Shannon Ritchie, SIGNS (from the exhibition A Bigger Picture)
Belfast Photo Festival
The Verge
June 2–30, 2022
Belfast, Northern Ireland

Belfast Photo Festival, Northern Ireland’s premier visual arts festival, has revealed its full program as it prepares to take over art galleries and public spaces throughout Belfast this June with compelling and immersive exhibitions under its theme The Verge.

This year’s festival will explore untold stories, underrepresented narratives and perspectives on the world that too often go unseen, examining photography’s ability to shine light on hidden subject matter while also presenting artists who turn their lens to the past and utilize the archive in their work.

Commenting on the program, Clare Gormley, Head of Programmes & Partnerships at Belfast Photo Festival, says: “Celebrating photography that pushes against dominant social, cultural, historical and visual frameworks, this year’s festival features the work of artists who find themselves – both conceptually and aesthetically – on the verge of new territories. They bring forth new perspectives on the world we live in, the past we inherit and lead us to the verge of something altogether new.”

Coinciding with the launch of the programme is the opening of the festival’s first exhibition this year, A Bigger Picture.

Presented by Belfast Photo Festival and the Northern Irish Art Network, A Bigger Picture invites audiences to view Northern Ireland through the underrepresented gaze of feminist and queer artists from the Belfast School of Art.

  • June Clark: Witness
    May 3 – Aug 11, 2024
    The Power Plant
    Toronto, Canada

    June Clark: Witness is the first survey in Canada of the Toronto-based artist June Clark, who, since the late 1960s, has developed a unique and groundbreaking practice spanning photo-based work, text, collage, installation, and sculptural assemblages. Born in Harlem, New York, Clark immigrated to Canada in 1968 and subsequently made Toronto her home. The questions of identity formation and their connection to our points of origin fuel her practice. (more…)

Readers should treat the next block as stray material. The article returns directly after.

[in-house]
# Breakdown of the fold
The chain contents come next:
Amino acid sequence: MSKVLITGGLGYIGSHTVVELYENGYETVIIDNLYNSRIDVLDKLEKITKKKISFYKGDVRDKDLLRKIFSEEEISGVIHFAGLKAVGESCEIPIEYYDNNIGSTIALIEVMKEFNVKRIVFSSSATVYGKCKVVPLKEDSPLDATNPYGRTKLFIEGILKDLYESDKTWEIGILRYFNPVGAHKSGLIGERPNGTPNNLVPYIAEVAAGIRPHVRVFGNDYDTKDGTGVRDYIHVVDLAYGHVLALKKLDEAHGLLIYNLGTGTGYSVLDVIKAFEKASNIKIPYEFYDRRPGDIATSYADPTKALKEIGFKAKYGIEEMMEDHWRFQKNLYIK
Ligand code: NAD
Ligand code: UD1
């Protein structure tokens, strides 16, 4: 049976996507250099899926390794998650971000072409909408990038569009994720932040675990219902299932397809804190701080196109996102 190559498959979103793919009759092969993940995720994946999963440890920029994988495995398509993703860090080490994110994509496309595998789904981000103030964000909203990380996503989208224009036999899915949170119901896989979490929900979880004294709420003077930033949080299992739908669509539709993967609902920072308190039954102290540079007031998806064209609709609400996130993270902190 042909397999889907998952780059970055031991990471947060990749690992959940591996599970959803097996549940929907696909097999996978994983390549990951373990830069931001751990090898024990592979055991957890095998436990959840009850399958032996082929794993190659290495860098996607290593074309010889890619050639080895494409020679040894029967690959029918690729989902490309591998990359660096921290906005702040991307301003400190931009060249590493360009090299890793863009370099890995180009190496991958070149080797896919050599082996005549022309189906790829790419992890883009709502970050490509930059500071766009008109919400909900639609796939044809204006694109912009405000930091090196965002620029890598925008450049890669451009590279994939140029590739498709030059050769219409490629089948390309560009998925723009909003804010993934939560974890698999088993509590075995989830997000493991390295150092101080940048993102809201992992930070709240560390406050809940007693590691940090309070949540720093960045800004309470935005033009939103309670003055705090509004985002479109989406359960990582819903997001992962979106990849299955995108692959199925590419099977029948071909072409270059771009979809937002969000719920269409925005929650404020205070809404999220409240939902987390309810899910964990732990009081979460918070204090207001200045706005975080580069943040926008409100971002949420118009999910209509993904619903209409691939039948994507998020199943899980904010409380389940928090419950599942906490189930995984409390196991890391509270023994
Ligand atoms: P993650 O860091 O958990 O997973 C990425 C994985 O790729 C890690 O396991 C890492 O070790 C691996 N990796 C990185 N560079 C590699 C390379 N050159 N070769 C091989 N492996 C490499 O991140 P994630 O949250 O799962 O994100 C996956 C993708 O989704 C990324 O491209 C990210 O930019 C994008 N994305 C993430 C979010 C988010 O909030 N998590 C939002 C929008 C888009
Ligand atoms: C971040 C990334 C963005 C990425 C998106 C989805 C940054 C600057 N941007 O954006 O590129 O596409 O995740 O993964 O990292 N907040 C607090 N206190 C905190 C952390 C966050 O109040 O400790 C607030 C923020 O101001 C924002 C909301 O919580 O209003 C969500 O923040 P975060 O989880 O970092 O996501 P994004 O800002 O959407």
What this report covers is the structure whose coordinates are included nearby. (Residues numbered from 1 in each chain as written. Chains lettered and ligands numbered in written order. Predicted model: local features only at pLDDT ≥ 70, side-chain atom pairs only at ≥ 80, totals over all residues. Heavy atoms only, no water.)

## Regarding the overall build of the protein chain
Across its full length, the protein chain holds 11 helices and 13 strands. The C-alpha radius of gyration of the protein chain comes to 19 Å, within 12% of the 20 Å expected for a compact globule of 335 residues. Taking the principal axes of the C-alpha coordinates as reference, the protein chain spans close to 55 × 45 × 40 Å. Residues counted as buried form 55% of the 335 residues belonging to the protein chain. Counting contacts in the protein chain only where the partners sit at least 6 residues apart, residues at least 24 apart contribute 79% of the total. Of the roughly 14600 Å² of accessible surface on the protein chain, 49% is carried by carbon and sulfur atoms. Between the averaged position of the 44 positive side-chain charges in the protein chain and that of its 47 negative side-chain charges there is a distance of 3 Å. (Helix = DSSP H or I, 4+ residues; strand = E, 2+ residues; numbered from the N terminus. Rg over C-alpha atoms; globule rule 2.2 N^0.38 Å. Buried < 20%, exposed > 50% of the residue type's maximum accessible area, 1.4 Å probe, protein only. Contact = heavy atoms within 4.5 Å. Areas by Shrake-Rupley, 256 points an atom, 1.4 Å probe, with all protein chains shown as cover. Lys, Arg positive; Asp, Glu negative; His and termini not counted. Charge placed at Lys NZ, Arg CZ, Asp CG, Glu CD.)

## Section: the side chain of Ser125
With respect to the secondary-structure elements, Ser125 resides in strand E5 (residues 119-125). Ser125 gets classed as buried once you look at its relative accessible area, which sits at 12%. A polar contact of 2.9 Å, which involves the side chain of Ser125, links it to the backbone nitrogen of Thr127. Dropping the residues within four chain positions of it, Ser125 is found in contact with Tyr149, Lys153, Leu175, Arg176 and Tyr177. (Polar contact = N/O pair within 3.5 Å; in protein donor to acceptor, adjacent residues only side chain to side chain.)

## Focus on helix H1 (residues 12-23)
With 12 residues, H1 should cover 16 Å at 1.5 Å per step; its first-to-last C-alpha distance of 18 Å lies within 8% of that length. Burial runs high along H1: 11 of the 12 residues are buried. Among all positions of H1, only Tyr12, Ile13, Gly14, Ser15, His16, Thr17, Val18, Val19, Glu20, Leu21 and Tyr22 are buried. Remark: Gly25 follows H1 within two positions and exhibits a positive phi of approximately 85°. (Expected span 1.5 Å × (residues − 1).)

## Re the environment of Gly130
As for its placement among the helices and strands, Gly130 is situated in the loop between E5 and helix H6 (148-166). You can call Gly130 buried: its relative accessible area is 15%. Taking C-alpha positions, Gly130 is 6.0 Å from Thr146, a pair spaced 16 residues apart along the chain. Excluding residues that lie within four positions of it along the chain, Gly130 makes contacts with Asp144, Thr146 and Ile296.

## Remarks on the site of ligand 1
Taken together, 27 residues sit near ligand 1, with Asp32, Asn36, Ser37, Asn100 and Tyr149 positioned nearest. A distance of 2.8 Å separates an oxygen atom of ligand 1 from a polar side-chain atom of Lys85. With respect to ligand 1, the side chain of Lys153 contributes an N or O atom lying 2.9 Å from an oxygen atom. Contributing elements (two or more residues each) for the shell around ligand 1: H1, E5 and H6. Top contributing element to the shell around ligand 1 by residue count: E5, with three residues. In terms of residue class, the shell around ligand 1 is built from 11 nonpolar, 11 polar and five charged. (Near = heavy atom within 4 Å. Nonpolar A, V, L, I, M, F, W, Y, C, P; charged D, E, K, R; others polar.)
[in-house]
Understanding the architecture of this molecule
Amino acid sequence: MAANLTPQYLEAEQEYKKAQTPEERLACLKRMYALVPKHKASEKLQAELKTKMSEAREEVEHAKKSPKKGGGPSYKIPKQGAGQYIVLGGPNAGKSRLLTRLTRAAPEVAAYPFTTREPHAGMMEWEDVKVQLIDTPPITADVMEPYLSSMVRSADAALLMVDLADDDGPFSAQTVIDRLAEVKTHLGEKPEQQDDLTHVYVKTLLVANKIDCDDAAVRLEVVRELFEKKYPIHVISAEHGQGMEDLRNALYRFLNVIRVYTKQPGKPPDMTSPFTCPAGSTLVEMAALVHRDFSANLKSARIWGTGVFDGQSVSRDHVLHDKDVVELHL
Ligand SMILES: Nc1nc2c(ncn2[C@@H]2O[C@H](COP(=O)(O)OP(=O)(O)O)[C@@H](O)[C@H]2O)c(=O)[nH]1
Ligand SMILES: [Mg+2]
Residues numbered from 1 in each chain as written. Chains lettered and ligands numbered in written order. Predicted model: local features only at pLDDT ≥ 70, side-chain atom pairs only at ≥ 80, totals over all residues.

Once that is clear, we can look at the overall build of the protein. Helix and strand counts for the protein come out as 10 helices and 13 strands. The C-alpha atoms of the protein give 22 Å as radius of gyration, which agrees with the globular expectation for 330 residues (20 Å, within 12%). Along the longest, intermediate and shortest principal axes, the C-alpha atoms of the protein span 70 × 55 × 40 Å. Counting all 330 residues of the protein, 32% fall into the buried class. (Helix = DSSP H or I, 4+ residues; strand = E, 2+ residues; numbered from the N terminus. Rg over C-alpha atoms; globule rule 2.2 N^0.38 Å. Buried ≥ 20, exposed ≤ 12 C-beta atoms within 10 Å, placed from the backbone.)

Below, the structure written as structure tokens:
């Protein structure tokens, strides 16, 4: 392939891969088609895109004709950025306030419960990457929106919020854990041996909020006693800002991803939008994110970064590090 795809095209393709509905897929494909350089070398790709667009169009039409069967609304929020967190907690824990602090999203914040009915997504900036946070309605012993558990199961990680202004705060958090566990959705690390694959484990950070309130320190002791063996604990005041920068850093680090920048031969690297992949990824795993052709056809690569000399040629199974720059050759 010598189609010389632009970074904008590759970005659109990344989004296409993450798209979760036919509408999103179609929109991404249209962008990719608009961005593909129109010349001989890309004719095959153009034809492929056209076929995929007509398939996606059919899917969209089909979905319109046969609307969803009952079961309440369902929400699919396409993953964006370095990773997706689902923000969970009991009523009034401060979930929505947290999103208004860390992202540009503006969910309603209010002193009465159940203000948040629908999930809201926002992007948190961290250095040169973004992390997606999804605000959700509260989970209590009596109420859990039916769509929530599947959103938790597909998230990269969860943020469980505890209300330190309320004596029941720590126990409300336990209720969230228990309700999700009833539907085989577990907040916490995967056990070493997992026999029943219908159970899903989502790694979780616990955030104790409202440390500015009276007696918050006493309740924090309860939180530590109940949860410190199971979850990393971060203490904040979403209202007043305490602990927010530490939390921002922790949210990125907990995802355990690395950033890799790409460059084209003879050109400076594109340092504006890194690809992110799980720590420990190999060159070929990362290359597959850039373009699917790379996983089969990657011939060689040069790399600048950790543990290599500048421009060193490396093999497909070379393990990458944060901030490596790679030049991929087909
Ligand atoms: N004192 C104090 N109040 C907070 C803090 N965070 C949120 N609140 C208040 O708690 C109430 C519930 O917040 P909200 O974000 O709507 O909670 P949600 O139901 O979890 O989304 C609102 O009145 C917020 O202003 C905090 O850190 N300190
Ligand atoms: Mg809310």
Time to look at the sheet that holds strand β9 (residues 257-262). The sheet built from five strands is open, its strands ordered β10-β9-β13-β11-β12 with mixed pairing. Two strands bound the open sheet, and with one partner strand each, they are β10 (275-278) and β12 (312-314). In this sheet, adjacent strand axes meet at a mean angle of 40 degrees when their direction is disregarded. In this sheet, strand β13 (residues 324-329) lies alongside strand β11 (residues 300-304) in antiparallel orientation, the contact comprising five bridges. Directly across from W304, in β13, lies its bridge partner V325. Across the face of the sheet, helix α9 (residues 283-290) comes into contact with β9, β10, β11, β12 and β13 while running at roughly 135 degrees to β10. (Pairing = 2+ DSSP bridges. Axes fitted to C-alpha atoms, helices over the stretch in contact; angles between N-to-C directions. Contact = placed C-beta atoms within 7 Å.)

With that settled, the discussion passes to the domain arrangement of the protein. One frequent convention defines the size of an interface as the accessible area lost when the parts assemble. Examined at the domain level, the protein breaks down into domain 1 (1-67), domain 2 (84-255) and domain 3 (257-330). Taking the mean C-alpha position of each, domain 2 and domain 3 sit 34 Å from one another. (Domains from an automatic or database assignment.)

• Exteriors – Annie Ernaux and Photography
    Feb 28 – May 25, 2024
    MEP
    Paris, France

    Exteriors — Annie Ernaux and Photography celebrates the dynamic relationship between photography and the writing of Annie Ernaux. Winner of the Nobel Prize of Literature, Annie Ernaux is known for her social and feminist commitment and her ability to explore universal themes such as memory, identity and the human condition. Her precise style and emotional analysis have made her a major figure in contemporary literature. (more…)

  • Zhanna Kadyrova: Border Memory
    Feb 17 – May 5, 2024
    Uppsala Art Museum
    Uppsala, Sweden

    Ukrainian artist Zhanna Kadyrova lets urban materials such as asphalt, concrete and tiles bear witness to history’s many layers of rearrangements, visions and shattered dreams. The artist works in a post-minimalist tradition, and the spatial installations refer both to utopian movements and to how abstraction in art is linked to the modern project. Since Russia’s full-scale invasion in 2022, Kadyrova’s art has focused entirely on psychological and sociological aspects of the war. (more…)

  • Georg Kussmann: FRG
    Publication
    MACK
    International

    The German dramatist Heiner Müller observed that German history lies as if smothered by a rheumatism blanket: beneath there is warmth and stagnation, just enough to give the impression all is well, while the peripheries are freezing. Georg Kussmann’s photographs in FRG were created under this metaphoric blanket. Made in the Federal Republic of Germany over a single summer, they depict everyday scenes of life, work, and leisure (more…)